Don't you find you get on food kicks? I do. I get an urge to cook scallops and then I have them one night with loads of olive oil, parsley, breadcrumbs and garlic. The next night I want them with beets, potatoes and bacon.

Or pasta, when I cook rigatoni alla vodka sauce one night and then the night after that feel I can't live without carbonara.

Won't it be wonderful SOON when you can look up all these recipes on the magnificent INDEX that's coming? Just yesterday I sent my spreadsheet of categories to my Blog Angel Julian, the dear young man who is going to drag me into the land of the Search Optimized and Google Popularized. It will be simply brilliant for you, and for me, to be able to simply click on "Main Courses" and find "Shellfish" and there will be scallop recipe after scallop recipe.

But I digress. My point is, I've been on a "how to make more interesting salads" kick this week. I started with your basic "how many beans can you fit into a bowl" recipe, but then my passion was whetted and, as well, John's photographic ambitions. And thus were born these two completely luscious, versatile, and yet completely different salads.

I have had readers suggest that I add grilled chicken to them, that I add crispy tortilla strips to them, that I add a piece of lightly toasted baguette with olive oil to them. To all these suggestions I shout HURRAY and also throw in: how about some seared fillet steak? Some, dare I say it, sauteed scallops? Even some shaved Parmesan, to either one. These salads are marvellous, and JUST the beginning. Just you use your imagination, and I don't mean just your tastebuds. Imagine how they will LOOK, too, because I'm convinced, with salads at least, that contrasting color will automatically equal good flavors. I really think so. Can you imagine adding together any two red and green things and having it not be delicious? Plus, what ingredients cannot be married with chilli oil and lemon juice? I challenge you.

Red Pepper, Courgette and Black Bean Salad
(serves 4 as a side dish, or 2 as a main course)

1 red bell pepper
1 large courgette (zucchini)
1 soup-size tin black beans, well rinsed and drained
1 large clove garlic
juice of 1 lemon
pulp of as much of a lemon as you can gather
1/2 tsp sea salt
lots of fresh-ground black pepper
1 tbsp chilli oil
1 large handful flat-leaf parsley, chopped

Dice the red pepper and the courgette in same-size bites, then mix in a large bowl with the black beans. Mince the garlic WITH the lemon juice and pulp and salt (this combination will break down the garlic into a mush, perfect for eating raw). Toss with the red pepper and courgette and beans and chilli oil, and sprinkle with black pepper.

Mound as high vertically on a plate as you can, and scatter the chopped parsley on top.


Beetroot, Goats Cheese and Wild Rocket and Sorrel Salad
(serves 4 as a side dish, or 2 as a main course)

3 medium beets
2 tsps balsamic vinegar
handful wild rocket
handful wild sorrel leaves
handful goats cheese in dice
1/4 red onion, diced
handful chives, chopped long
1 tbsp chilli oil
juice of 1/2 lemon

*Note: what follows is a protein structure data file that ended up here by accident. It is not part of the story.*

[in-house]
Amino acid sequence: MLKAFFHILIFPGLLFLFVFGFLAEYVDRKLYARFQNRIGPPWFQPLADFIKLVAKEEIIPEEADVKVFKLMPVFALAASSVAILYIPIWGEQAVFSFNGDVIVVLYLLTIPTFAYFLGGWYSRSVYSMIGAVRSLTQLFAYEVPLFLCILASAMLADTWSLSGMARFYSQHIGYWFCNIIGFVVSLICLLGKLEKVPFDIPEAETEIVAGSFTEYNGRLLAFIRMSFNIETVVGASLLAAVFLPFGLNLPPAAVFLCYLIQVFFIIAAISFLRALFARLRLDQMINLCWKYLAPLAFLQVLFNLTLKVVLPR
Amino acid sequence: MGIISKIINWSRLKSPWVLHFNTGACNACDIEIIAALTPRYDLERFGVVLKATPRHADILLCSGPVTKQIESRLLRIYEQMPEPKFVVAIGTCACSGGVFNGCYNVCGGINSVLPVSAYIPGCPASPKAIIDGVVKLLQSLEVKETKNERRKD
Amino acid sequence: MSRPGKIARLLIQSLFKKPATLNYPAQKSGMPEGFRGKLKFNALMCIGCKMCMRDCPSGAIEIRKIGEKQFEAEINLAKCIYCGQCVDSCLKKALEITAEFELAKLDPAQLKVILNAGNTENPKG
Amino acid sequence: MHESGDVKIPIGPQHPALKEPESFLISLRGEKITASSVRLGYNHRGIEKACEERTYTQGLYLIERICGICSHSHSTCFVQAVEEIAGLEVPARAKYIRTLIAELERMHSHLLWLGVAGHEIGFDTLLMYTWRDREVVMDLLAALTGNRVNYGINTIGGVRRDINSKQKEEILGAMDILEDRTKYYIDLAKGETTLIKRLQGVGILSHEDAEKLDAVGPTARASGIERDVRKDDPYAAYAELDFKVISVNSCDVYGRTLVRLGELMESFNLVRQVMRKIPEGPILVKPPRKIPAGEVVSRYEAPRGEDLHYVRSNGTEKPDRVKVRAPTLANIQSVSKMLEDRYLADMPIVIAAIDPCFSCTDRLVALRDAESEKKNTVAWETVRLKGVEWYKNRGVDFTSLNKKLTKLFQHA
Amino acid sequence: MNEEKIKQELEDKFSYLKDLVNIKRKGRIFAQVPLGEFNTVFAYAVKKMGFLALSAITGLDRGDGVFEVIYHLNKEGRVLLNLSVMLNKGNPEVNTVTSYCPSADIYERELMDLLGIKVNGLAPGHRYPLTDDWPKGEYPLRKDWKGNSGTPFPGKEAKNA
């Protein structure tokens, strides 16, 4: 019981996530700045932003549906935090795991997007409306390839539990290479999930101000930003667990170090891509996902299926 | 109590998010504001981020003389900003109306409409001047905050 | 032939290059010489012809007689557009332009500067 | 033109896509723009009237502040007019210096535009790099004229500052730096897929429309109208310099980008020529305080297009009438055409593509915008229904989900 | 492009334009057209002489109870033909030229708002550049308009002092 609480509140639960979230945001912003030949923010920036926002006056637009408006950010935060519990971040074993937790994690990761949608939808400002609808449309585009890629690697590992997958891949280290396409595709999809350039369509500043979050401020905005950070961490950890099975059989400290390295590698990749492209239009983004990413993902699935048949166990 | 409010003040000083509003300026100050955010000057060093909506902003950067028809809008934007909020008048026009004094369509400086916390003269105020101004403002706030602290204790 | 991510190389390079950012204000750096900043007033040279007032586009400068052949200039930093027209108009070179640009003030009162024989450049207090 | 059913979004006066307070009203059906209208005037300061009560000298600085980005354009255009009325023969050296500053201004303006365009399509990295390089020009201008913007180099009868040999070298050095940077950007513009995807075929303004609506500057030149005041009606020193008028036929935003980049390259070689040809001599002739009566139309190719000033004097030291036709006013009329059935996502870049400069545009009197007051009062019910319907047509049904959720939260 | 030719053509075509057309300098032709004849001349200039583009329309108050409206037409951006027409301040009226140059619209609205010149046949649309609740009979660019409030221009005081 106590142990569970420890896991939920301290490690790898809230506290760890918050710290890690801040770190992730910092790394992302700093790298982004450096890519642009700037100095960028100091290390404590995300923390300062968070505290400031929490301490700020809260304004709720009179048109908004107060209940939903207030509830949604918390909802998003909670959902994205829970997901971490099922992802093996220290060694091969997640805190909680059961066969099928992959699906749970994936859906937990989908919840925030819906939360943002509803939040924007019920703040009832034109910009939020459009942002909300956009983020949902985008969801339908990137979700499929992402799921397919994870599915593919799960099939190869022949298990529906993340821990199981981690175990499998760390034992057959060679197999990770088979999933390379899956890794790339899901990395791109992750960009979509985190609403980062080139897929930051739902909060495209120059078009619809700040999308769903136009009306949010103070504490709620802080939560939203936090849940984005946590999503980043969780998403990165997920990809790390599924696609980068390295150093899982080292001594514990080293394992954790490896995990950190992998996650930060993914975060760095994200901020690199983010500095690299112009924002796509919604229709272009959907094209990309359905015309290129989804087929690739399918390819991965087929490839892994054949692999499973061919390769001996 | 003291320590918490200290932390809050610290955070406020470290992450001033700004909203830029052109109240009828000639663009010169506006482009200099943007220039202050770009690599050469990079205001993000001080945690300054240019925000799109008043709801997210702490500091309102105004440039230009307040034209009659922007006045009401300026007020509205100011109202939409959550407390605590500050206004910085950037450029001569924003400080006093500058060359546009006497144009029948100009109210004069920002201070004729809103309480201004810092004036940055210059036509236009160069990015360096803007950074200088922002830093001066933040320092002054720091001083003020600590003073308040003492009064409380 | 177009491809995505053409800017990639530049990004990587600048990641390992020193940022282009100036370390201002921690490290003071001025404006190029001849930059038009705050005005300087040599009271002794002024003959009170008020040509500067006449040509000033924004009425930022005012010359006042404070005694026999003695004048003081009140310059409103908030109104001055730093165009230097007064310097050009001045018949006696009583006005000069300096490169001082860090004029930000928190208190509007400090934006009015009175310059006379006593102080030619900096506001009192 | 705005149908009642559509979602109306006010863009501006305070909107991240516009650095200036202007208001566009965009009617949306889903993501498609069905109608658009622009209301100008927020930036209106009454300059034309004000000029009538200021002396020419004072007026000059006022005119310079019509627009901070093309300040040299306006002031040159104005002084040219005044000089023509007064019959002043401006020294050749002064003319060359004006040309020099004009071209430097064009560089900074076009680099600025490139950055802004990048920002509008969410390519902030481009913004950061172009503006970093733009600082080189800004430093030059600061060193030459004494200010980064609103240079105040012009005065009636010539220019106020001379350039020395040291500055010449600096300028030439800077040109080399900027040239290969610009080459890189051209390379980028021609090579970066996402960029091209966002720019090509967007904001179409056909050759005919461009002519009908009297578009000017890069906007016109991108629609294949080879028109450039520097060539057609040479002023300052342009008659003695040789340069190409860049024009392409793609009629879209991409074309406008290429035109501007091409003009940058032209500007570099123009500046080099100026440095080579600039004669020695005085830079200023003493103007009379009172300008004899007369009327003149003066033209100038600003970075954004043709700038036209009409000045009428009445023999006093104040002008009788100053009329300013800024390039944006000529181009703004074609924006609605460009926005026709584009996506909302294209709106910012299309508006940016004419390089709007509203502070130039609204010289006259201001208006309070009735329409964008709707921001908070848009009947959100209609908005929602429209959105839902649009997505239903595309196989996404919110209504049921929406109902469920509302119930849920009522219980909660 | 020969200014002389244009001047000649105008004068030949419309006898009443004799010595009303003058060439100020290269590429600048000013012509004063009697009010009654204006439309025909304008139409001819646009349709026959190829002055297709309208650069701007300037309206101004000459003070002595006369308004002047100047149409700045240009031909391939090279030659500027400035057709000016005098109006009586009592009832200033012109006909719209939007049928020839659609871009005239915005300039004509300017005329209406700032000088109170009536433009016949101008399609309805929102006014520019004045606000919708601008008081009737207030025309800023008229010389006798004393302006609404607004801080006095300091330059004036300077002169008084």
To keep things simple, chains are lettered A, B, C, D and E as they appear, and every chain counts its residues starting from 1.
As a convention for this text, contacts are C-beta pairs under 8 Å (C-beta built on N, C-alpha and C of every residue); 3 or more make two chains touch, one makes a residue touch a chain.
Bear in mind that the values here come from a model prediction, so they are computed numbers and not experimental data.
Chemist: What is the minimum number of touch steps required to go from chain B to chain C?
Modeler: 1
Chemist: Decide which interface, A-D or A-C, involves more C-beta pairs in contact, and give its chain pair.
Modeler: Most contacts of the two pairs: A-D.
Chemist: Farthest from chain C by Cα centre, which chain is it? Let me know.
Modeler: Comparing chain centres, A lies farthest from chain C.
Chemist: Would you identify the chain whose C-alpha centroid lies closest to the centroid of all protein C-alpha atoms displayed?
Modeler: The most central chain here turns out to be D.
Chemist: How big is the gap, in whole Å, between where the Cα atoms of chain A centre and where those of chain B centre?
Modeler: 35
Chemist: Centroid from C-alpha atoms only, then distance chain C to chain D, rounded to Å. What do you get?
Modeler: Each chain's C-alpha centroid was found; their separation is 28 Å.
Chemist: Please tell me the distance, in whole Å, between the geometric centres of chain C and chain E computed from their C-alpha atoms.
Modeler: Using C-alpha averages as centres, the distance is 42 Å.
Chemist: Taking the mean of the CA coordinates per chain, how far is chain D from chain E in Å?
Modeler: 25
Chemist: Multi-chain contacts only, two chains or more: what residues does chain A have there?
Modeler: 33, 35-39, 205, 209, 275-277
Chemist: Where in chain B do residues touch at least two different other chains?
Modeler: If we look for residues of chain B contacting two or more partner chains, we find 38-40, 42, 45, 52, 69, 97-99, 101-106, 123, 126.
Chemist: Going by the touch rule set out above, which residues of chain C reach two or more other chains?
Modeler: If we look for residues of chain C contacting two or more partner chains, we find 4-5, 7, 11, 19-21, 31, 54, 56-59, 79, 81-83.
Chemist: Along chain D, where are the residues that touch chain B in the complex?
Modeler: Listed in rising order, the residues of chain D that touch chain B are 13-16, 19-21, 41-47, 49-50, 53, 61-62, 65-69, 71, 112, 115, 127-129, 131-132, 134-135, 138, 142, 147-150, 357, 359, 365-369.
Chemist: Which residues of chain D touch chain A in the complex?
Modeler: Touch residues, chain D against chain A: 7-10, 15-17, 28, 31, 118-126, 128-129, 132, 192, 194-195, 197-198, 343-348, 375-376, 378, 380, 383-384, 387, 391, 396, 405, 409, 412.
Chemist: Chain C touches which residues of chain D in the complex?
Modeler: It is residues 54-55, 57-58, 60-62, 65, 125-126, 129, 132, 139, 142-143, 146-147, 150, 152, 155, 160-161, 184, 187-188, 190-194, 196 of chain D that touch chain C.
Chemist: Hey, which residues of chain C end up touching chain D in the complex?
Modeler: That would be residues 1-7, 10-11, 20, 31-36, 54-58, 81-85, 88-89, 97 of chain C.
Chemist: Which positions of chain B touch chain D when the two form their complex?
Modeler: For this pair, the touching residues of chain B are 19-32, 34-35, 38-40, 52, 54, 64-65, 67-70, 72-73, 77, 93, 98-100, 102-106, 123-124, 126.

fresh black pepper and sea salt to taste

Roast the beets by wrapping them, in a group, in foil and cooking in a very hot oven (425F) for an hour and a half. Leave them in the foil on the counter for 10 minutes or so before unwrapping and slipping the skins off (this time lapse allows the beets both to cool and to let go their skins by steaming).

Dice the beets and sprinkle with the vinegar.

Arrange the rocket and sorrel on a pretty place and pile the beets on them. Scatter with goats cheese, onion, and chives, and sprinkle the chilli oil and lemon juice on top. Season as you like.


Try these when you feel you've had just too much red meat, or fried food, or have been away from home and feel disconnected from the finer, most basic things in life. And if your children don't love salads (Avery won't eat anything with lettuce included), just deconstruct it. Beets and goats cheese are two of her favorite foods. But not together.

Let's see, part of what's put a sparkle in my step tonight is the arrival today of John's mom, a person we all hold so dear that all we can do most of the year is to avert our thoughts. We are separated for so much time that we can only enjoy the moments we are together, not dwell on the months spent apart.

She arrived this afternoon to a flurry of welcomes, kisses and hugs and "Oh, I love these photographs!" in the entry hall, and exclamations over the delightful cats, her cozy white bedroom overlooking the gardens of Hammersmith, the small gifts we had left on her bed with its fluffy white duvet. As always, presents emerged from her suitcase: a tea towel for me saying, "After a good dinner one can forgive almost all, even one's relatives." (Dear Oscar Wilde, such a clever boy.) And a gorgeous black shirt, and lots of clothes and precious makeup for Avery... just like Christmas!

We settled down to the business of appreciating her, her special way of making everything we say seem interesting, our lives interesting, Avery's accomplishments remarkable (well, her school report WAS pretty spectacular). And to think we have two weeks of her company to enjoy. Maybe if we eat enough vegetables, we'll live forever and have all the time in the world. Bring on the beets.